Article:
2. Flash reasoning: condition of (mostly) accurately jumping to
conclusions, quickly seeing discrepancies and errors, with a need to be
critical and answer questions. Natural debaters, they take strong
partisan positions. Therapists, troubleshooters, detectives, lawyers.
3. Cause/effect reasoning: seeing extended parallel cause and effect
sequences. This awareness of the long term makes it easier to
conceptualize and achieve long-term goals in diverse areas.
4. Numerical reasoning: a feel for the patterns and rhythms in numbers.
Arithmetical type activities.
5. Logical reasoning: naturally processing data in the form of
syllogisms. Programmers, logicians.
B. Category: States of Being
1. Mechanical/spatial: an aptitude for things and 3D space. Mostly
found together, the mechanical and spatial can exist separately.
Engineers, air traffic controllers, doctors, truckers.
2. Semantic equivalence: aptitude/need for group functioning, including
people politics and the ability to identify with others, read vibes
well. High: sales, management. Low: useful for specialists, artists and
independent decision makers.
3. Idea production: rate at which ideas are produced (independent of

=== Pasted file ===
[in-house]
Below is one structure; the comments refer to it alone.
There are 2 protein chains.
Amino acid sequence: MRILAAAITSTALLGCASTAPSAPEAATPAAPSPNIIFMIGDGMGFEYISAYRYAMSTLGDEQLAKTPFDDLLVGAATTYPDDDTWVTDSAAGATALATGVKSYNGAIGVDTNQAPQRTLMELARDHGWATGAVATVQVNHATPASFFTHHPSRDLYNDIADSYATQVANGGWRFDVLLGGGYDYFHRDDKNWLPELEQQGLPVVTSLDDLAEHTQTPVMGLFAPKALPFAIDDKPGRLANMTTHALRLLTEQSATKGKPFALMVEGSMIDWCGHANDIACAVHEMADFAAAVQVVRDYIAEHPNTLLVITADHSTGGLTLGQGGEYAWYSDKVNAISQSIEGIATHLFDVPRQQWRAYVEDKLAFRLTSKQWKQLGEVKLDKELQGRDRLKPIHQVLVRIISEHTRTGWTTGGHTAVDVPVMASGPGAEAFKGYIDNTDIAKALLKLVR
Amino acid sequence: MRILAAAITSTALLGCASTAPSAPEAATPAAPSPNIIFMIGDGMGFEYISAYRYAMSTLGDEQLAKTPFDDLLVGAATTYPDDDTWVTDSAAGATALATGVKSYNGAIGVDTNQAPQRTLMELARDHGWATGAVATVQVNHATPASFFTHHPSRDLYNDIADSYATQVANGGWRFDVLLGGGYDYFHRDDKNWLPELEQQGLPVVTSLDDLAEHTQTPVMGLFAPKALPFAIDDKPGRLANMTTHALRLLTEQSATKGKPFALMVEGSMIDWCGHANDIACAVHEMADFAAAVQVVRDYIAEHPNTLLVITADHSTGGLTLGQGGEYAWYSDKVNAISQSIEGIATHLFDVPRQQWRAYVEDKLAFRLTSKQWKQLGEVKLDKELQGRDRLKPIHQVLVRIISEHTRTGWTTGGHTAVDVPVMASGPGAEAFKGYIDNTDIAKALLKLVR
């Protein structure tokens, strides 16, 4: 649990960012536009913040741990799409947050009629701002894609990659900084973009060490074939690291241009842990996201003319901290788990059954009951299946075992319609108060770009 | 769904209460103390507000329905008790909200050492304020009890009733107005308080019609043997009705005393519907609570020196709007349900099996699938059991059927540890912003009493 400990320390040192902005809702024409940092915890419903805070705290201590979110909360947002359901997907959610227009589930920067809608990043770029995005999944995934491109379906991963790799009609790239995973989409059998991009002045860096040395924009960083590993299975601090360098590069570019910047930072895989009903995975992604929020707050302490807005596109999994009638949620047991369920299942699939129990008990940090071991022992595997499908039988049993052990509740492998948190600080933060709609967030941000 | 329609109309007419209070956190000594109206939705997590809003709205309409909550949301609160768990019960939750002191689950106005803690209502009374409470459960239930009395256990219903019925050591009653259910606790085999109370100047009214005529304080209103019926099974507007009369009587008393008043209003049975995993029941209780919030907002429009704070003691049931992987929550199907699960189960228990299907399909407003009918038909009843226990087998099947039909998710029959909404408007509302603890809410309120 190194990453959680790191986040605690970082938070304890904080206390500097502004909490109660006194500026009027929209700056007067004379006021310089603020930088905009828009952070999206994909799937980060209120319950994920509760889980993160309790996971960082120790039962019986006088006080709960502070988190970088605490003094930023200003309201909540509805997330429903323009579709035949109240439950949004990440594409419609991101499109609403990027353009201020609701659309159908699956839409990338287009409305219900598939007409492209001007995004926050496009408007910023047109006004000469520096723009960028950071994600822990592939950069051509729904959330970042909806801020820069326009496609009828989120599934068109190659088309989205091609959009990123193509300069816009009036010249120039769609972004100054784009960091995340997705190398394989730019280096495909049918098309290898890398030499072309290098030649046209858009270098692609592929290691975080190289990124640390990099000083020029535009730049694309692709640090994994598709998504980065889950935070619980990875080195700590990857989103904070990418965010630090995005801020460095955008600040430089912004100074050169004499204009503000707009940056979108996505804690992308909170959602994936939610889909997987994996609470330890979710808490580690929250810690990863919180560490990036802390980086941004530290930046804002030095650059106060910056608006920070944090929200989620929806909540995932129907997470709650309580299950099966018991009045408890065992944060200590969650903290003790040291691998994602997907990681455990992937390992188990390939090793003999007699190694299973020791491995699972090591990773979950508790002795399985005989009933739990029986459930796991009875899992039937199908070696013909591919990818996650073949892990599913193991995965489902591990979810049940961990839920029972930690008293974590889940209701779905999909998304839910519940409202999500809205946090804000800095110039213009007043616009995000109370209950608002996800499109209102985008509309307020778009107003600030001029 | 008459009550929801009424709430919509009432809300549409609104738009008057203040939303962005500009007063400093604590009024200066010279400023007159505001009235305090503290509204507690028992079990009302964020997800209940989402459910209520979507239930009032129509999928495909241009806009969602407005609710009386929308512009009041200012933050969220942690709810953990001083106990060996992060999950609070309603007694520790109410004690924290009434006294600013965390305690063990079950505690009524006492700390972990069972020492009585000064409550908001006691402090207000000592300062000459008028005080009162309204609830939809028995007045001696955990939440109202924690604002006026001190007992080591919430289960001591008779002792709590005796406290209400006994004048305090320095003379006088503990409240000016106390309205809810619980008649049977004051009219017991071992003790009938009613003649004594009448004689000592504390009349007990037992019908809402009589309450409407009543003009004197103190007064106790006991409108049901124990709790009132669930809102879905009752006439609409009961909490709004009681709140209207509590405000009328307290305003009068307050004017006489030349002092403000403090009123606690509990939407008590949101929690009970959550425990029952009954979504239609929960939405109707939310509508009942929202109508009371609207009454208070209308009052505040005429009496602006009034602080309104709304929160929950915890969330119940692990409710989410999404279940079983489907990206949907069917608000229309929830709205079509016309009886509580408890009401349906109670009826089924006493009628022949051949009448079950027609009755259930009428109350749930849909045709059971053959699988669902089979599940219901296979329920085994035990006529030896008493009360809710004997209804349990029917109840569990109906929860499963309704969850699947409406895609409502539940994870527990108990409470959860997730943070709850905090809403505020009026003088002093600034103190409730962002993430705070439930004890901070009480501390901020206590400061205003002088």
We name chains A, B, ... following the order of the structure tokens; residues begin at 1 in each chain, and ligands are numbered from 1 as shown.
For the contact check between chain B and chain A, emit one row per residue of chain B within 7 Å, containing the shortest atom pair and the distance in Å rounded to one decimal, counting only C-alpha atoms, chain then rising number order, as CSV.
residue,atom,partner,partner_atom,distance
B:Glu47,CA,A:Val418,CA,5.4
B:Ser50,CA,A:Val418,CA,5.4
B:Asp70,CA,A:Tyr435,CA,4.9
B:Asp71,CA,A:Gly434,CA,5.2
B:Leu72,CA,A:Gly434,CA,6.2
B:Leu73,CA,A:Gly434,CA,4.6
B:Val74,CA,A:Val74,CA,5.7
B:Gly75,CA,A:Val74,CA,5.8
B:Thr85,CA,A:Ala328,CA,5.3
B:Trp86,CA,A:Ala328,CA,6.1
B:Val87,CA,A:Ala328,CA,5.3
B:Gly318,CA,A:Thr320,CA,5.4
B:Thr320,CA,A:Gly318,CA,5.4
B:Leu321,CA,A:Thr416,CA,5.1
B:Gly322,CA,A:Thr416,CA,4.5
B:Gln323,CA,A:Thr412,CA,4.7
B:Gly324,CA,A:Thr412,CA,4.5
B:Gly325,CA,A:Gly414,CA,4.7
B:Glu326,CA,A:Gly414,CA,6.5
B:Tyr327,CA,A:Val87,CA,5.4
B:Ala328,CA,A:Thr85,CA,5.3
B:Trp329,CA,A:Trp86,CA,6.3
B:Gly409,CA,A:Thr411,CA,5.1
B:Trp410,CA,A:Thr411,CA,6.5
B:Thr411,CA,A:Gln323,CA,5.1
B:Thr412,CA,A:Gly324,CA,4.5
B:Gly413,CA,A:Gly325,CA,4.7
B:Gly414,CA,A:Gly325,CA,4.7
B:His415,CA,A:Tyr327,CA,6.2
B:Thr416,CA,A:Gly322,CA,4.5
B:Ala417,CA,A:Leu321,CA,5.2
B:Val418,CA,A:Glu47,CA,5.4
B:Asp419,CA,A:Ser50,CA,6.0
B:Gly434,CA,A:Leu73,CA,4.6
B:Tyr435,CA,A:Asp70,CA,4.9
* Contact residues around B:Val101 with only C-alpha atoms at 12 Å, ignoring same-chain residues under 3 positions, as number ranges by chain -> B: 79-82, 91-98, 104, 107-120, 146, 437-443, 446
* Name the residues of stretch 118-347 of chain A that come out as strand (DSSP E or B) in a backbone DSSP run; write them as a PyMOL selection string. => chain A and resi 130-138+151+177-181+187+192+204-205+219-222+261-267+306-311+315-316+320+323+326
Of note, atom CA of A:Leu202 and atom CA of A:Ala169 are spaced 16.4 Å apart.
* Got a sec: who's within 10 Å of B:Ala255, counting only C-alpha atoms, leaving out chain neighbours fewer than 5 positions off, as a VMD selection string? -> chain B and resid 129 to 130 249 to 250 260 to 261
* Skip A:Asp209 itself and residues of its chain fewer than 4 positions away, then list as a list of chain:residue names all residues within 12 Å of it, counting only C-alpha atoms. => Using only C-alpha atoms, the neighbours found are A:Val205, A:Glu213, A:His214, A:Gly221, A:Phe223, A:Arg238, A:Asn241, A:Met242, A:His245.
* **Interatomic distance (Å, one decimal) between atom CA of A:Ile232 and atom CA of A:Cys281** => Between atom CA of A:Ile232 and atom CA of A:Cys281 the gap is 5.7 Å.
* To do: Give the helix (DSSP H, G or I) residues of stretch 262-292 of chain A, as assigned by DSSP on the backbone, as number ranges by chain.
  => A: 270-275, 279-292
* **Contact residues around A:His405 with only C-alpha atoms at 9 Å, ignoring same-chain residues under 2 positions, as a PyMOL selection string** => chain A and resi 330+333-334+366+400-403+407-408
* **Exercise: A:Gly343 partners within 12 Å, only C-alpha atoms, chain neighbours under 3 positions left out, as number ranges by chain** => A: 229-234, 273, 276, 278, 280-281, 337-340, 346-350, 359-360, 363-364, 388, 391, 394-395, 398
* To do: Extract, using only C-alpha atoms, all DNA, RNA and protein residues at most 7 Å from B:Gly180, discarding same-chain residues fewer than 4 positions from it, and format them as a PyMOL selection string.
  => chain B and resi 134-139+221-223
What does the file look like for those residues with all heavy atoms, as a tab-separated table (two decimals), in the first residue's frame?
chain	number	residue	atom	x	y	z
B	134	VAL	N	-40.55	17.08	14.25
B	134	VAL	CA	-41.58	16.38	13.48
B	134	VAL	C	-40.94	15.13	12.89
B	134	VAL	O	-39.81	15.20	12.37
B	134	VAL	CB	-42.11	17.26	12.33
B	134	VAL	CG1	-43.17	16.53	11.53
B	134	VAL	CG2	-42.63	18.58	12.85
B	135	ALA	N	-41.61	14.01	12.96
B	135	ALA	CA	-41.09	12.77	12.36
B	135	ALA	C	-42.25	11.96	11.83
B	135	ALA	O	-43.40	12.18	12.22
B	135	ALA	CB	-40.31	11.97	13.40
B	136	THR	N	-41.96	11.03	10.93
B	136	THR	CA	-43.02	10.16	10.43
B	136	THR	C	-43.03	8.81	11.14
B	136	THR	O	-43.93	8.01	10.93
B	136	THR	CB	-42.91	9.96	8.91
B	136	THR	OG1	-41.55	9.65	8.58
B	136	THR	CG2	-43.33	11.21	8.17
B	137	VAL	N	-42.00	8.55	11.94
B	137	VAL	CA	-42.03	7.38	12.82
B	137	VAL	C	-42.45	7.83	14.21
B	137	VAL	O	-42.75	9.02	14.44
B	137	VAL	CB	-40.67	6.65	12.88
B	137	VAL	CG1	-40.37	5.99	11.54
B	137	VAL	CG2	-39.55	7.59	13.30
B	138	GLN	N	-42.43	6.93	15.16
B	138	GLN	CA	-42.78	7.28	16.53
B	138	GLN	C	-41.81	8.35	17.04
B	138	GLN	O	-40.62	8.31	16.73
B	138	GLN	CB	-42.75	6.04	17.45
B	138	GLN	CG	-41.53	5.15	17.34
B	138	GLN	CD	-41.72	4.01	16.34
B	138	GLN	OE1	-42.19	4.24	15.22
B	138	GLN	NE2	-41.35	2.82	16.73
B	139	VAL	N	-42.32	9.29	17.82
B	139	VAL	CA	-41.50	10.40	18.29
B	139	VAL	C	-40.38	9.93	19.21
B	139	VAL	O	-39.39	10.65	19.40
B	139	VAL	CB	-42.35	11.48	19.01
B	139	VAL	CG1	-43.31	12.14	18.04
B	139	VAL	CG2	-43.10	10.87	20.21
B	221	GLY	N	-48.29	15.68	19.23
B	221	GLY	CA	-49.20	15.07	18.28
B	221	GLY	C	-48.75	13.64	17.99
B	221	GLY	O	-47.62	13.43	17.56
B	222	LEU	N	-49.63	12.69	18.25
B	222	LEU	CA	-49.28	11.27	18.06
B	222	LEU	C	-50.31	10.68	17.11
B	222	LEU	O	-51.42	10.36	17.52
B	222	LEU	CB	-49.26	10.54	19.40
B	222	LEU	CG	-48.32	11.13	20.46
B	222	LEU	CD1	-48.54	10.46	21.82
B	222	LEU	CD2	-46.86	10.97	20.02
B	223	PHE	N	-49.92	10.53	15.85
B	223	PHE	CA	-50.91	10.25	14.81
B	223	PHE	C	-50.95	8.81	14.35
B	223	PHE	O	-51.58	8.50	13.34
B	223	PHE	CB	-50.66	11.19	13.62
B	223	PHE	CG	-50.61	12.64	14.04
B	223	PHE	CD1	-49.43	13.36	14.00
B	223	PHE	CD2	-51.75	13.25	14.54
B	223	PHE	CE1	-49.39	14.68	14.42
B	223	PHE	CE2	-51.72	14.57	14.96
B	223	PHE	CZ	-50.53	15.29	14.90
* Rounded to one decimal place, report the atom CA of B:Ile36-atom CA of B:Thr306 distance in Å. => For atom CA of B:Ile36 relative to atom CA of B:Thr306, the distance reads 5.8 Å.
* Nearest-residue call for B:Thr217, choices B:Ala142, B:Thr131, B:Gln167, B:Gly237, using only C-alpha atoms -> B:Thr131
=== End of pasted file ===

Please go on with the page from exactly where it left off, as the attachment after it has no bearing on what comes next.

idea quality). High: communicators of various types. Low: useful in
high concentration areas like accounting, surgery.
4. Sensory discrimination: making fine sensory discriminations.
Winemakers, coffee buyers, decorators.
C. Category: Memory/Perceptual Sensitivity
1. Observation: aptitude for looking at things, recognizing and
2. Number (visual): remembering, noticing numbers.
3. Design: sensitivity to and memory for designs.
4. Word (visual): memory for and sensitivity to written words.
5. Color: memory for and sensitivity to color.
6. Tone: memory for and sensitivity to tones.
7. Rhythm: memory for and sensitivity to rhythm and timing.
8. Number (audible): memory and sensitivity to spoken numbers.
9. Word (audible): memory and sensitivity to spoken words.
1. Near Point Visual Efficiency: close-in visual scanning as in
paperwork, CRT screens.
2. Finger dexterity: good hands.
3. Small tool dexterity: tweezers, eyebrow pencils.
Hands-on task-organizing ability, spatial orientation, sensory
threshold/overload point, body memory, common sense, green thumb,
competitiveness, auditory identi/fication, day/night alertness,
intuition, synesthesia, healing, affinity for animals, seeing auras.
This material can be
reproduced and distributed freely as long as it is for private,
Article condensed from Danger: High Voltage; copied from Noesis - The
Journal of the Mega Society, Number 138 September 1998
~ ~ ~
related pages :
article: Are You a Scanner? - by
"If you're a Scanner, you are a very special kind of thinker. Unlike
those people who seem to find and be satisfied with one area of
interest, you're genetically wired to be interested in many things..."
/ sensitivity resources : articles sites books
~ ~ ~